In 2000 - 2001, Stephon Marbury had a player value of .86 but .74 lifetime. Ben Gordon's best player value was .79 with a lifetime player value of .73.

    Inefficient players are "punished" in my rating system since they can't accumulate all around points. If you contribute in many categories you are rewarded with points. Setting a points minimum helps to eliminate rating anomalies like Anthony Roberson on Bulls last year (best rating, .84).

    Great ball players score out at 1.0 or greater, it's an elite club.

    I don't know how you define "pace" but I suspect it's running teams. A running team will score more points but all players will suffer a bit more from turnovers. Give me a great running team and I'll run their numbers for last year.

    My rating system is weak (for now) because it doesn't de-value inconsistent players. Carlos Boozer's lifetime player value is .88 but he misses lots of games, just ask Utah Jazz fans. Perhaps I should just toss out players who miss 25% of their games. That would probably eliminate Boozer and Luol Deng over their player lifetimes so far.

    Players on the rise are identified after 3 years. Paul Millsap is a good example going from .74 to .8 with increasing points per game. Tyrus Thomas is another good example of a player losing value over time from .73 to .71 even though his points per game average is rising. Not a good sign for Tyrus.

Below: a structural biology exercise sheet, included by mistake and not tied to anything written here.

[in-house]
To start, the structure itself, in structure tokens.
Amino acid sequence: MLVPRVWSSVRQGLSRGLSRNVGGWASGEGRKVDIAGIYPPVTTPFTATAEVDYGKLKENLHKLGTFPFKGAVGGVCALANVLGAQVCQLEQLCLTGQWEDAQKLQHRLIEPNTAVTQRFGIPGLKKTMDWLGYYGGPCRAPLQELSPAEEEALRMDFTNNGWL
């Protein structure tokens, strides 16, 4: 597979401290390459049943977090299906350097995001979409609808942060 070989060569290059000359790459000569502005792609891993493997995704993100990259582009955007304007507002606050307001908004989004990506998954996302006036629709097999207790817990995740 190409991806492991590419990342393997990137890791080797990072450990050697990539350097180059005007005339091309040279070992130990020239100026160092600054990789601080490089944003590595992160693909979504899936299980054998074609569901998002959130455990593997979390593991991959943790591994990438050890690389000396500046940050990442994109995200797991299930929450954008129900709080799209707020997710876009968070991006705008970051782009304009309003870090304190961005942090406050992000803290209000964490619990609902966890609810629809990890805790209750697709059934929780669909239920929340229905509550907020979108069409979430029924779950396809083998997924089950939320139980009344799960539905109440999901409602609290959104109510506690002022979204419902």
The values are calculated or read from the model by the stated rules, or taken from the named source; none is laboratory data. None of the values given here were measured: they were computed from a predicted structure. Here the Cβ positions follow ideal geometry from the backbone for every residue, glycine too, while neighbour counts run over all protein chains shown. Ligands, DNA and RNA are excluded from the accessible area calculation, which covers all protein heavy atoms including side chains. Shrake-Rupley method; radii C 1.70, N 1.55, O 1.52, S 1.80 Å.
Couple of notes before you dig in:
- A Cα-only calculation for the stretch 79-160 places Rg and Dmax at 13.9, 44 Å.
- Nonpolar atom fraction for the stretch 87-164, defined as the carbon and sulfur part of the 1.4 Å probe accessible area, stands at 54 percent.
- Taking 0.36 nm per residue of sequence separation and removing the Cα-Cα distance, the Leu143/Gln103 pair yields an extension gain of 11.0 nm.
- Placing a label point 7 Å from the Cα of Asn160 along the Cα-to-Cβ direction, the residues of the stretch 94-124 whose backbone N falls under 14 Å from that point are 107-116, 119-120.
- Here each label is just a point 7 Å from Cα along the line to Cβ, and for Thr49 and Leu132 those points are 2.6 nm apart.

So it's fun Doug. My player value identifies the great ball players, tosses out the wannabees based on their low ppg, and identifies young players on the rise and fall like Paul Millsap and Tyrus Thomas.

    I hope I'm wrong about Tyrus, but I don't think so.

  • In reply to rkraneis:

    I could be totally wrong, but I thought this version of adjusted +/- attempted to control for the quality of teammates and opponents?

    I agree it's not a good stat to use for comparing between two different players straight-up, but I like APM for what it tries to do with quantifying the contributions of non-big-stat producers. It's far from perfect, but at least it's something that looks toward the non-stat contributions of guys on the team.

  • Well Doug, it's been fun.

    No rating system is perfect. Mine is simple enough for fans to use.

    Efficiency? Zach Randolph had a player value of .89 for the Clippers last season with a field goal percentage better than his team's average. Chris Kaman and Marcus Camby shot better than Randolph at over 50% but took a whole lot less shots, even though they played similar minutes.

    Randolph took a shot every 2 minutes of play, Kaman took a shot every 3 minutes of play, and Camby took a shot every 4 minutes.

    An interesting twist on efficiency. Why would slightly better shooters take significantly less shots in an offense, when they're close to the bucket?

    So, these rating systems are fun. Just wanted to spice up your blog today since there weren't any other takers on basketball statistics.